September 2019

B2B Customer Reference Program: a sum of many parts (not just case studies!)

How do you grow your business? Find new clients? Access new vertical or geographical markets? These are the questions that every business asks, and the possible responses are many!

For a B2B business, one route that is certainly valid is to promote products or services in such a way that potential targets recognise themselves in a story of how your help has resolved demands and challenges similar to theirs, for another client.

And the attractiveness of the business and its offering will find itself much increased the greater the quantity and quality of testimonials it can demonstrate from those who have already chosen its products and services.

No surprises here, of course. So that’s all we need to say on the subject, right?

Turn unspoken potential into high-value expression

Well, if that’s really the case, how does one explain the inertia of so many B2B businesses that are content to simply sit on the treasure that’s already within their own four walls – namely, a trove of stories from satisfied clients?

These genuine success stories are all too often relegated to internal conversations only, or, at best, they’re treated as low-hanging fruit, exploited to produce occasional and impromptu case studies that lack consistency of approach because they do not form part of a strategic action plan. But why does this happen?

To properly capitalise on such a fund of references requires a dedicated – perhaps even full-time – role that is responsible for expressing the value locked up in them. Often however, this task is either assigned to someone who already has a thousand other commitments and responsibilities to discharge, or who is without specific experience in this area.

This being the case, therefore, the business would do better to call on the services of a specialist partner, to whom they could entrust – either partially or pretty much completely – the management of an appropriate Customer Reference Program (CRP).

This way, they can reduce to a true minimum the time and commitment required of their managers and their reference clients, and – above all – maximise results.

These include greater brand exposure, demonstration of the company’s leadership and articulation of its skills and experience, creation of new sales opportunities and, not least, recognition of the internal teams who have contributed to each specific success – which, importantly, can serve to encourage others in the organisation to emulate their achievements.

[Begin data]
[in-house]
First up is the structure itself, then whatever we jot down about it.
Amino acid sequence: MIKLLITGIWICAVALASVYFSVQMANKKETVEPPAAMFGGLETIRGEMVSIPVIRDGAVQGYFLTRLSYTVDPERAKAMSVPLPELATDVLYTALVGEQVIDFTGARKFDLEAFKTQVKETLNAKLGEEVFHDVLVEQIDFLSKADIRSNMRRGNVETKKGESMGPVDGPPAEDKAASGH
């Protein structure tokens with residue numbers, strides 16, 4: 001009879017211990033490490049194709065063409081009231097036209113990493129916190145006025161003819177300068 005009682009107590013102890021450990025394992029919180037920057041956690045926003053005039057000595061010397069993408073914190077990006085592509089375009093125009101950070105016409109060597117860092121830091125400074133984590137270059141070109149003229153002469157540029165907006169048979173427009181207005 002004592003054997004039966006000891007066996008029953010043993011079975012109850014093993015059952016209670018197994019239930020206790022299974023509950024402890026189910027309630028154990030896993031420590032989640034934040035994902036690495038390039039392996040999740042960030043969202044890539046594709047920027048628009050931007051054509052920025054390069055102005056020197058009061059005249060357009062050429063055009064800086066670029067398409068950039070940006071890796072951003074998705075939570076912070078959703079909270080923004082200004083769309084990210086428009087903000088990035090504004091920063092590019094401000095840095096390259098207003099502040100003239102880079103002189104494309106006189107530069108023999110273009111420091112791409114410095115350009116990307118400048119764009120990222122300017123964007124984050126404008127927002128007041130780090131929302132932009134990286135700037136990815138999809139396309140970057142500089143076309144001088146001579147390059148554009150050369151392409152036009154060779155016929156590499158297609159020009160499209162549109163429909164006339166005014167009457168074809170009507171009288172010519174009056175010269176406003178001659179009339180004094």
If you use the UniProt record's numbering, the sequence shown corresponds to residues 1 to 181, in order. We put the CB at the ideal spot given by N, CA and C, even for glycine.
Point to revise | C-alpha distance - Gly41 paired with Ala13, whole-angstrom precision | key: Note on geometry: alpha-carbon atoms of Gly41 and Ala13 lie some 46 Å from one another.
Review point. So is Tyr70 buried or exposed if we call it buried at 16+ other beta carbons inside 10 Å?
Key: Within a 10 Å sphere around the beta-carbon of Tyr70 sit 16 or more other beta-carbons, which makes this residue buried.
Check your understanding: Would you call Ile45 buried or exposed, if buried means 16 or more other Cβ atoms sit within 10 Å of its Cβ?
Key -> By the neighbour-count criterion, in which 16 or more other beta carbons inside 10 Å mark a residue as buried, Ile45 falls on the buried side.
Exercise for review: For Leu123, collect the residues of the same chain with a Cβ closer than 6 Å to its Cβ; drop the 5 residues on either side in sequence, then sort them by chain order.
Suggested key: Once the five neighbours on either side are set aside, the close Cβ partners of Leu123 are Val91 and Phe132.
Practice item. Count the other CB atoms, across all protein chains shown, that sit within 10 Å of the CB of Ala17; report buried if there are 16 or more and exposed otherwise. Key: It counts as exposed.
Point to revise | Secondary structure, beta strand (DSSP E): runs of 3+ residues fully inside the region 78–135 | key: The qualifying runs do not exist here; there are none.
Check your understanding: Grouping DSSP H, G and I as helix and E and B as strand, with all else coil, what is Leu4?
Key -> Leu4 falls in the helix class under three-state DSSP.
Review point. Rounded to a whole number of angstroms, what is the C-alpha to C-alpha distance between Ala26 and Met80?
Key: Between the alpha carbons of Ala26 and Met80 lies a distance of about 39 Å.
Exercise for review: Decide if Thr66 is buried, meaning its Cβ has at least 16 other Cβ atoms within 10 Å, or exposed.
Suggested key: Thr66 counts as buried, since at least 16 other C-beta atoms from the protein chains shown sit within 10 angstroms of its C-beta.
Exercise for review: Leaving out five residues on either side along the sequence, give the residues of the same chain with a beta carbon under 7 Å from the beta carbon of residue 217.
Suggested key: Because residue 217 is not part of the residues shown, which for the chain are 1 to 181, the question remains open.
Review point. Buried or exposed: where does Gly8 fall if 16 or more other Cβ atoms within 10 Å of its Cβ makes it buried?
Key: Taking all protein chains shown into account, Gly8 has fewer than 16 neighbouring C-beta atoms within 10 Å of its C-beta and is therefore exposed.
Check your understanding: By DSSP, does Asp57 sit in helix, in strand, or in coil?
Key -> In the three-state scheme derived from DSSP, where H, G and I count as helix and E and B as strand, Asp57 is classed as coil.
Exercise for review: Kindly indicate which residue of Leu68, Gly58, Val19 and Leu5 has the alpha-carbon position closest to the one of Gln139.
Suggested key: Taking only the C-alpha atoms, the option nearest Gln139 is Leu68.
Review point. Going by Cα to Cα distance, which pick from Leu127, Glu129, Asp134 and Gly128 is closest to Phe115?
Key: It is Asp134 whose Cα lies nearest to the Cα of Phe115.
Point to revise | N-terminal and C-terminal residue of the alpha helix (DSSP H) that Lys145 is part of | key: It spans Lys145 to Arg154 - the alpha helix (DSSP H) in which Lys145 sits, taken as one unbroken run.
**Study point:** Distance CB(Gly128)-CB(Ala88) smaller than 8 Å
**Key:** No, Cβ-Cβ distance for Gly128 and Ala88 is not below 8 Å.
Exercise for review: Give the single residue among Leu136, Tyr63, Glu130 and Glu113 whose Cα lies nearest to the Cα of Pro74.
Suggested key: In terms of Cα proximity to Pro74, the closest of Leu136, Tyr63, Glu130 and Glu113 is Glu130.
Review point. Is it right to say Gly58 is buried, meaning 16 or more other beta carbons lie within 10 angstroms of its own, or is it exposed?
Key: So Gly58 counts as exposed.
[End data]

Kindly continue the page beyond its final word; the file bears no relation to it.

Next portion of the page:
The importance of choosing the right partner

To avoid reducing the sum of the CRP’s parts to just a few case studies, the partner chosen needs to guarantee the delivery of quality consultancy throughout every possible phase of the Program.

For us at BMP, this means providing hands-on support to enable those involved in the business’s customer reference activities to define the objectives of the CRP, and advising on the selection of appropriate stories, based firmly on their communicability and their priority in relation to criteria like market sector, product or service type, geography, and so forth. These are all factors fundamental to a balanced Program that is aligned with the needs of the sales and marketing teams.

Moving forward, the partner must demonstrate the operational autonomy necessary to deliver against the planned activities.

This starts by taking charge of the entire story production process – from first contact with the stakeholders involved and presentation of the planned activities to them, to production of the initial draft, based on brief but comprehensive informal interviews with internal marketing, sales or technical contacts, (and, above all, with the reference customers) – right up until the signoff and publication of the finished document.

At every moment of this process, it is crucial that the partner exercises great care over the relationships with the parties involved, in order to avoid the failure of the project or – worse – damage to the relationship between the business and their customer. This is why entrusting a CRP to an inexpert operator can turn out to be a grave risk!

Focus on results

A truly specialist professional will also be well placed to propose tools and approaches to the business – within agreed budgets, obviously – that can transform the results a single success story can attain into a multiplier effect.

For example, content that has been written to achieve media coverage can be reworked or repurposed to support the creation of promotional video, presentations, brochures, social media activity, brand-building and publicity around participation in events such as exhibitions, conventions and webinars.

The performance of the CRP must be monitored regularly, including with appropriate reports that show the take-up rate of reference requests amongst the customers approached, the time spent generating each story, the number of deliverables produced for each reference case, and the scope of products, services, markets and geographies covered.

This makes it possible to identify potential opportunities to make adjustments, as the Program runs, that will enable it to deliver maximum effectiveness.

Success stories, not fairy stories (but they all still lived happily ever after!)

Finally, it’s worth mentioning that the organisations that are the subject of the CRP will also benefit from positive returns in terms of visibility, pushing their satisfaction levels still higher and enabling the business to further consolidate relationships with them, with an eye to the long term.

And so it came to pass that clients everywhere became not only the best ambassadors for  B2B businesses’ successes, but unexpected fans of their CRP, too!

(Hey, what’s a success story without a happy ending?)

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